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Dr. Rich Edwards

Daily Dose #4: Depends on Your Point of View (Scene from Downhill)

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1. Effect of watching the POV dolly shots in this scene? I didn't feel like my sense of reality was skewered, actually. It felt like a more realistic view of walking toward the headmaster or him back toward the students when he used the POV shots. It can add to the anxiety in a scene vs. a static view of the action from only one fixed vantage point.

 

2. Why does Hitchcock use the technique? It was probably new & cutting edge at the time.

What does it add to his visual storytelling? It added to the intensity and realism of the scene.

 

3. What connections do you notice between his earlier films and the film that came after this (The Ring)? Give specific examples. As mentioned in the Daily Dose commentary, Hitchcock again uses the montage technique when Mabel describes/gives her version of what had occurred between her and Berwick. We saw some of that in "The Ring." Also, exploring male-female interactions, as in "The Ring" & "The Pleasure Garden" & to some extent, "The Lodger."

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Why do you think Hitchcock uses the technique of a POV tracking shot? What does it add to his visual storytelling? 

 

It gives that ominous overtone to the visual story - almost claustrophobic as he is closing in on the two boys that are being focused on. The  camera juxtaposition between the girl and the boys only increases the tension/suspense of the storyline.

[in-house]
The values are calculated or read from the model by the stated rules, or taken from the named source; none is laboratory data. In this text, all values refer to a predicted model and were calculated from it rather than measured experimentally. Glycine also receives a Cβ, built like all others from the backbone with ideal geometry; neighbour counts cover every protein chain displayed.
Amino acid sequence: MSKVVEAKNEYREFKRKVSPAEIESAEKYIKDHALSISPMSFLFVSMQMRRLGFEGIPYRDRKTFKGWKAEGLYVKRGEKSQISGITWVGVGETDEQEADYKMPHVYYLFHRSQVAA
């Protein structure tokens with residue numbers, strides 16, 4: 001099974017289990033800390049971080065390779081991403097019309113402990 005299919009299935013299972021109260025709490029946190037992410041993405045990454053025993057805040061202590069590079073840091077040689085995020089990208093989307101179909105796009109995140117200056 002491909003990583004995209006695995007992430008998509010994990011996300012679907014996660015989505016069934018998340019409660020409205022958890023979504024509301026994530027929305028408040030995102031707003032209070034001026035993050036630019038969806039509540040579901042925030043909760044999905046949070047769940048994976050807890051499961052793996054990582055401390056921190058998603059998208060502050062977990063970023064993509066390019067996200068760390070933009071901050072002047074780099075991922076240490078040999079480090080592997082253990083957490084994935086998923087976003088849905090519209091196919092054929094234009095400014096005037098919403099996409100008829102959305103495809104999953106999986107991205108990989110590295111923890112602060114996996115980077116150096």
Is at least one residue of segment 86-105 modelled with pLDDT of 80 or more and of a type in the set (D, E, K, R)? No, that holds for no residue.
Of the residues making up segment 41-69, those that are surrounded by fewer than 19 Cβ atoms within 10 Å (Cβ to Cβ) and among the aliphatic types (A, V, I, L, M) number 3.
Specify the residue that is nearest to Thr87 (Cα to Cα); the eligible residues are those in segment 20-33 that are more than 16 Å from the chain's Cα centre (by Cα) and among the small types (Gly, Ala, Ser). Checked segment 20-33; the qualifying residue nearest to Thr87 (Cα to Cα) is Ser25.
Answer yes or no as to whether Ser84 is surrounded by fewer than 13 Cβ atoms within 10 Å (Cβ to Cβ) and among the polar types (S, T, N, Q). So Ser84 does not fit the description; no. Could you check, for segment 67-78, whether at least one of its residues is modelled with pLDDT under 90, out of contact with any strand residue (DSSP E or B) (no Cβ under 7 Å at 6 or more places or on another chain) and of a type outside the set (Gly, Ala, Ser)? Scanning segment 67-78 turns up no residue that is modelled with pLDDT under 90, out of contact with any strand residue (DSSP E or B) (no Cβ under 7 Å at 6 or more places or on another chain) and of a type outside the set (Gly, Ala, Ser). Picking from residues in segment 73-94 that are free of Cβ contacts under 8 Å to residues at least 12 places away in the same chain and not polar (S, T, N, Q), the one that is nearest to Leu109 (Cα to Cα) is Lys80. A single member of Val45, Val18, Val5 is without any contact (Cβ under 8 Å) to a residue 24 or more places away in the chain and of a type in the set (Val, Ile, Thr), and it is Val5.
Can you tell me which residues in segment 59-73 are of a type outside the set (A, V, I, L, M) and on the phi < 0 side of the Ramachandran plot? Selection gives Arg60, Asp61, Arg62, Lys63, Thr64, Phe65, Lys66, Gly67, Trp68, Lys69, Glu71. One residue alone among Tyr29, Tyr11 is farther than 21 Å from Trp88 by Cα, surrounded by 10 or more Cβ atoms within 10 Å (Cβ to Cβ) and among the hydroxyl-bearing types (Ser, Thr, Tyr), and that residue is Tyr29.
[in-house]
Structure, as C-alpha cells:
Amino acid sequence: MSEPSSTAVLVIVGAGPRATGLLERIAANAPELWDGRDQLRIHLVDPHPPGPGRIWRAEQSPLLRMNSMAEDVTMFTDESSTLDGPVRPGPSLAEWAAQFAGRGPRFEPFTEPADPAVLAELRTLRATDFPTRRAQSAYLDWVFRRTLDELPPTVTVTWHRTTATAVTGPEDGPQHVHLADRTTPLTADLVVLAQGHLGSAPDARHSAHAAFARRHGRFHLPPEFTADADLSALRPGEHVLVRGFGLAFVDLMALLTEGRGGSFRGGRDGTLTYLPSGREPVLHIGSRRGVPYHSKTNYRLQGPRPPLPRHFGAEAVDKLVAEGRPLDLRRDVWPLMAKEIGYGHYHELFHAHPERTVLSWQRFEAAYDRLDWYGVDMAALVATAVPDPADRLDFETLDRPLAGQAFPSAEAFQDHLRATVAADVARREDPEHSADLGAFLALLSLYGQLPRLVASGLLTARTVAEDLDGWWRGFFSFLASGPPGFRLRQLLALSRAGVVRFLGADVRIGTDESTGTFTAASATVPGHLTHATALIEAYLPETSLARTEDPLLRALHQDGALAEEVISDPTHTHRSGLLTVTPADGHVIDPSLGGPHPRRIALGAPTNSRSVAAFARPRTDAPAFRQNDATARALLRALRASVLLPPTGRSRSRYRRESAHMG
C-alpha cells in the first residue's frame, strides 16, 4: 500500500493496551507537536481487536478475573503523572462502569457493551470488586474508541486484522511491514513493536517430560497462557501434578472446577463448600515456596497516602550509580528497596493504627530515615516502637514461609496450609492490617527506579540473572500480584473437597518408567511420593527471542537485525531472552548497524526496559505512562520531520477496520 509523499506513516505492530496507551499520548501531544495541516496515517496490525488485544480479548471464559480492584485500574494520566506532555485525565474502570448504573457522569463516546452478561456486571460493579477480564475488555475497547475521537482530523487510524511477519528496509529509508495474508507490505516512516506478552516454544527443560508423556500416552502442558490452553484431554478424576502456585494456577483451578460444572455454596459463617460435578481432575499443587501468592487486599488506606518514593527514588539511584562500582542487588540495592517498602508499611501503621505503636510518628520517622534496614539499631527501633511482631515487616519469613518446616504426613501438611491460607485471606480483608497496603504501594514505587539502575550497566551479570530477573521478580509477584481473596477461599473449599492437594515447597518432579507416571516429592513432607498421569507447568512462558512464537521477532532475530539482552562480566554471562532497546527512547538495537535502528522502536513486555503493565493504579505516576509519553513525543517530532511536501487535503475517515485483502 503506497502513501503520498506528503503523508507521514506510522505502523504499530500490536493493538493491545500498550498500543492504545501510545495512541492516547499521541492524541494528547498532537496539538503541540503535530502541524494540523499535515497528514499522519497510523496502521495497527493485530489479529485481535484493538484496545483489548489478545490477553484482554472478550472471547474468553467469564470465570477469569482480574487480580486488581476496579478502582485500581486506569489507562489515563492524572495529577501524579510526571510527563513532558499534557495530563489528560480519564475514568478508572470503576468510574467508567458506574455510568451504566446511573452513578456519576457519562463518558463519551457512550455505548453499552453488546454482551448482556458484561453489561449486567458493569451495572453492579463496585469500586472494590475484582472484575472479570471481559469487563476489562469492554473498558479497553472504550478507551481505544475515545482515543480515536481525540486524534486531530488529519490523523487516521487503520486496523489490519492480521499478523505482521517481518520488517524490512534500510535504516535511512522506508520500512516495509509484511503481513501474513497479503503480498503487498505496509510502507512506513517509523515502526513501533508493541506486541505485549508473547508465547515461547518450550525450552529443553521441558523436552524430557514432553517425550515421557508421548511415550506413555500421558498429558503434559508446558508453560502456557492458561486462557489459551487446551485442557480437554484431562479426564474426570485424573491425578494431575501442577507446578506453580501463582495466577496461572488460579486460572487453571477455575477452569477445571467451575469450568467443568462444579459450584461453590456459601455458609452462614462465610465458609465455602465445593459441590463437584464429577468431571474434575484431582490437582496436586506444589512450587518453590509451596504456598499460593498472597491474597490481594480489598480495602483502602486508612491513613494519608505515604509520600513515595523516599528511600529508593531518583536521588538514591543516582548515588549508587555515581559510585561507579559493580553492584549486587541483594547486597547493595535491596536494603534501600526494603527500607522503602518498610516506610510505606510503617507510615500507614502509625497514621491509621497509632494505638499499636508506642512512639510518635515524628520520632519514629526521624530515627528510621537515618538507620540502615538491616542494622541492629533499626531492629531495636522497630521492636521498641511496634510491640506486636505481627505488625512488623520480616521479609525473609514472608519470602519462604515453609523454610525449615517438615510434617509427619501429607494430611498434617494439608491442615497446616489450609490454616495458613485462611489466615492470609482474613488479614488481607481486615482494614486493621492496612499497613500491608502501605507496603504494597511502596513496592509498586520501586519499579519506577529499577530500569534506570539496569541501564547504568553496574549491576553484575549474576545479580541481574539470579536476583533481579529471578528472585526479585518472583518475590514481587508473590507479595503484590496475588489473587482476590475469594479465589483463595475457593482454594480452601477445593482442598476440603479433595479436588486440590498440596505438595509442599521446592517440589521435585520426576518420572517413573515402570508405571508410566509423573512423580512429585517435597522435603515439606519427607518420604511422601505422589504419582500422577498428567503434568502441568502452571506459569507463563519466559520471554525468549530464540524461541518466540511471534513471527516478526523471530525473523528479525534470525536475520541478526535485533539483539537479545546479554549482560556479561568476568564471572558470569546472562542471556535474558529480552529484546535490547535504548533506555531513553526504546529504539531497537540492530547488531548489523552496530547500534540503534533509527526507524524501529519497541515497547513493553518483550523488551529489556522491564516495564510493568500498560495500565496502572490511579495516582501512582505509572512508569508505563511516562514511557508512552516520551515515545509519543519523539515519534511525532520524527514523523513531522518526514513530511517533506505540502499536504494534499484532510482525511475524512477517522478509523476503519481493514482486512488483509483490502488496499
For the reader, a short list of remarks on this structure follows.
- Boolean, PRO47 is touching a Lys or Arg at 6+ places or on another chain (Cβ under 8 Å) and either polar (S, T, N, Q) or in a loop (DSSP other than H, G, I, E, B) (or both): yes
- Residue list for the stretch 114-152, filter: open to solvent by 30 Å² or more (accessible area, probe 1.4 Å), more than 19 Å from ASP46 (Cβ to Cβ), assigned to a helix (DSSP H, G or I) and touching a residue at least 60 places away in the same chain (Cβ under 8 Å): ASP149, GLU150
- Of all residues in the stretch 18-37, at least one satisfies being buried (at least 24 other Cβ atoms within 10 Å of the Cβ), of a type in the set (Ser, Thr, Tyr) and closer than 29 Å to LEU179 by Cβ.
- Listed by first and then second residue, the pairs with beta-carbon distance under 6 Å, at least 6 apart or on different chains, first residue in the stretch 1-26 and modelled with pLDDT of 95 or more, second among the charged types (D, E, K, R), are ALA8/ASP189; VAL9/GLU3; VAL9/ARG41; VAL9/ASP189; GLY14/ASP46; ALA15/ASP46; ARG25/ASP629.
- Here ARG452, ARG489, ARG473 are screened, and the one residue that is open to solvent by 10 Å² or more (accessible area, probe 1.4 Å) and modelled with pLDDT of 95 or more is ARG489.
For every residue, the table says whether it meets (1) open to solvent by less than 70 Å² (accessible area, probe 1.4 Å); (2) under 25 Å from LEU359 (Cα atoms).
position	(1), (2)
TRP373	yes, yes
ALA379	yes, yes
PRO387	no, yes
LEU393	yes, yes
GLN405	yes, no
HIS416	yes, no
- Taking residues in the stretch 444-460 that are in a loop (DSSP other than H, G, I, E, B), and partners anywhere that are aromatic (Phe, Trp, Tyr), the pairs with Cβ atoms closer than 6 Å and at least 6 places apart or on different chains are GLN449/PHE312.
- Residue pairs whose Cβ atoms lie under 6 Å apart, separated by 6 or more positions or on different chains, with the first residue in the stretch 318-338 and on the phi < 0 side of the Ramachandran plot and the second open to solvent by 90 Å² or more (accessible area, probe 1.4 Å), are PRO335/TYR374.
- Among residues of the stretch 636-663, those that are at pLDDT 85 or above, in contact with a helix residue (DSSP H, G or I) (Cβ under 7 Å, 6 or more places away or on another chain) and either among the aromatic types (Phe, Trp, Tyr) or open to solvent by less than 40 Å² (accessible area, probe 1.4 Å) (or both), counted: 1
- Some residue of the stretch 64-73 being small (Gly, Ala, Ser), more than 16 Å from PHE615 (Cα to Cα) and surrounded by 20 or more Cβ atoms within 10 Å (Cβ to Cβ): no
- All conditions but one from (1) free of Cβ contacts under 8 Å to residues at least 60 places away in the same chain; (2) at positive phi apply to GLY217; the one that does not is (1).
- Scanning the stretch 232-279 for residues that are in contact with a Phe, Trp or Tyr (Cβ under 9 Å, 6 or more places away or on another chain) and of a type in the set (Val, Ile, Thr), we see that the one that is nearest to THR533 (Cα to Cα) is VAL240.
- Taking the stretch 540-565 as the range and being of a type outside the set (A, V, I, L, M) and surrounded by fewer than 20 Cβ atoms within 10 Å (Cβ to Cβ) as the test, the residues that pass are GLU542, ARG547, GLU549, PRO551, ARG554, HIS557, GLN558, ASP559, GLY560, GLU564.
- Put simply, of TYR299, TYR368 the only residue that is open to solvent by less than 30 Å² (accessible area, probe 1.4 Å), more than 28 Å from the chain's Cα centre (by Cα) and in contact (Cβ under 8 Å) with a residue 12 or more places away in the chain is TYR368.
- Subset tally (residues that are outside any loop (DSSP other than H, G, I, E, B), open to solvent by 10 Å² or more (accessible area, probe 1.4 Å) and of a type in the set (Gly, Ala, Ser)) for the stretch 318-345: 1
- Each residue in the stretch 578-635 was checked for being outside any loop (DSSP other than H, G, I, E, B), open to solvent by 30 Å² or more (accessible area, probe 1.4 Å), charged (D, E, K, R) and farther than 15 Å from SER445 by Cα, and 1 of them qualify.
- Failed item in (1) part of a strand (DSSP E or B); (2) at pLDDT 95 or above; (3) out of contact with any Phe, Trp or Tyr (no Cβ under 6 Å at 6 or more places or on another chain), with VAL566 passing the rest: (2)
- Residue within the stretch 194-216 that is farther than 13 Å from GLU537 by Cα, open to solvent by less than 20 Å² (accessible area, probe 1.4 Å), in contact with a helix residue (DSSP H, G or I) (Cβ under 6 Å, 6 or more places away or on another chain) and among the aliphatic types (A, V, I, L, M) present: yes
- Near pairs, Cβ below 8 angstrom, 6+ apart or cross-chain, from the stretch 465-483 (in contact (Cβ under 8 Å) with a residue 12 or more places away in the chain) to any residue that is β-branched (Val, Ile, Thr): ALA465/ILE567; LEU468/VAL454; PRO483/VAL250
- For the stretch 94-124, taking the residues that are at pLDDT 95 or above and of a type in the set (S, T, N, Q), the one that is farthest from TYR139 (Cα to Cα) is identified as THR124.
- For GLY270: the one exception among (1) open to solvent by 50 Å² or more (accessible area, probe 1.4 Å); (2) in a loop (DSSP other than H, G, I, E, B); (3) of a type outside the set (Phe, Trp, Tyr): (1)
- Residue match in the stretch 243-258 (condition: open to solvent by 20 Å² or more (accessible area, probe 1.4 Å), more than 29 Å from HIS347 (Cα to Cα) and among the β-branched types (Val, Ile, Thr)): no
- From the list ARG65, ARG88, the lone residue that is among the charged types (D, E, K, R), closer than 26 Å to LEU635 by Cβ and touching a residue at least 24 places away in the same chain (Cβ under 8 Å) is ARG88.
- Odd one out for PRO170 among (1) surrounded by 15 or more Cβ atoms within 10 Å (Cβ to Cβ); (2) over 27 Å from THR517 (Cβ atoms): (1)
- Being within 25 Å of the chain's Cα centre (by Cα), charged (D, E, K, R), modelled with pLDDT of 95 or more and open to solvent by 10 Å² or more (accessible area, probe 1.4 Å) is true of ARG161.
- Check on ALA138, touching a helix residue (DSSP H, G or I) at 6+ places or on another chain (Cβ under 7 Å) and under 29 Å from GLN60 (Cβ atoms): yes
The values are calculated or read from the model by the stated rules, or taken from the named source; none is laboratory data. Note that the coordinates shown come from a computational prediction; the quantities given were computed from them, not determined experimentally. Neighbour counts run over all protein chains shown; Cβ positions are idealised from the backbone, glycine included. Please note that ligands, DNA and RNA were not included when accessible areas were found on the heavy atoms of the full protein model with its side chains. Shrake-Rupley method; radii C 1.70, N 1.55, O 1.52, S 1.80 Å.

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It's all about FOCUS. It could be called the POF shot as well...where to Focus your attention. It's a POV because we are told where to Focus by our director's POView. Hitchcock is a story-teller. He has a story to tell with a particular sequence of events he wishes the viewer to follow. He emphasizes his view with the movement of the camera. Words are really not necessary, ie., the captions. His direction to the actors is perfection. Their facial expressions and body language speak volumes. Hitch keeps his audience focused by his point of view. The camera does the rest.

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1.  The effect of watching the POV scene in Downhill emphasizes the feeling of foreboding.  The boys enter the schoolmaster's office and you glance the stern look on the schoolmaster's face from across the room - and the room itself seems especially long - then the POV shot as the boys walk up to the schoolmaster's desk further intensifies the feeling of something bad is about to happen.  The same feeling occurs as the girl walks towards the boys to accuse one of them. 

 

2.  The POV shot works extremely well in setting the scene and evoking the appropriate feeling for what is about to happen.  It engages your attention immediately and focuses on the main object of the scene as does a spotlight.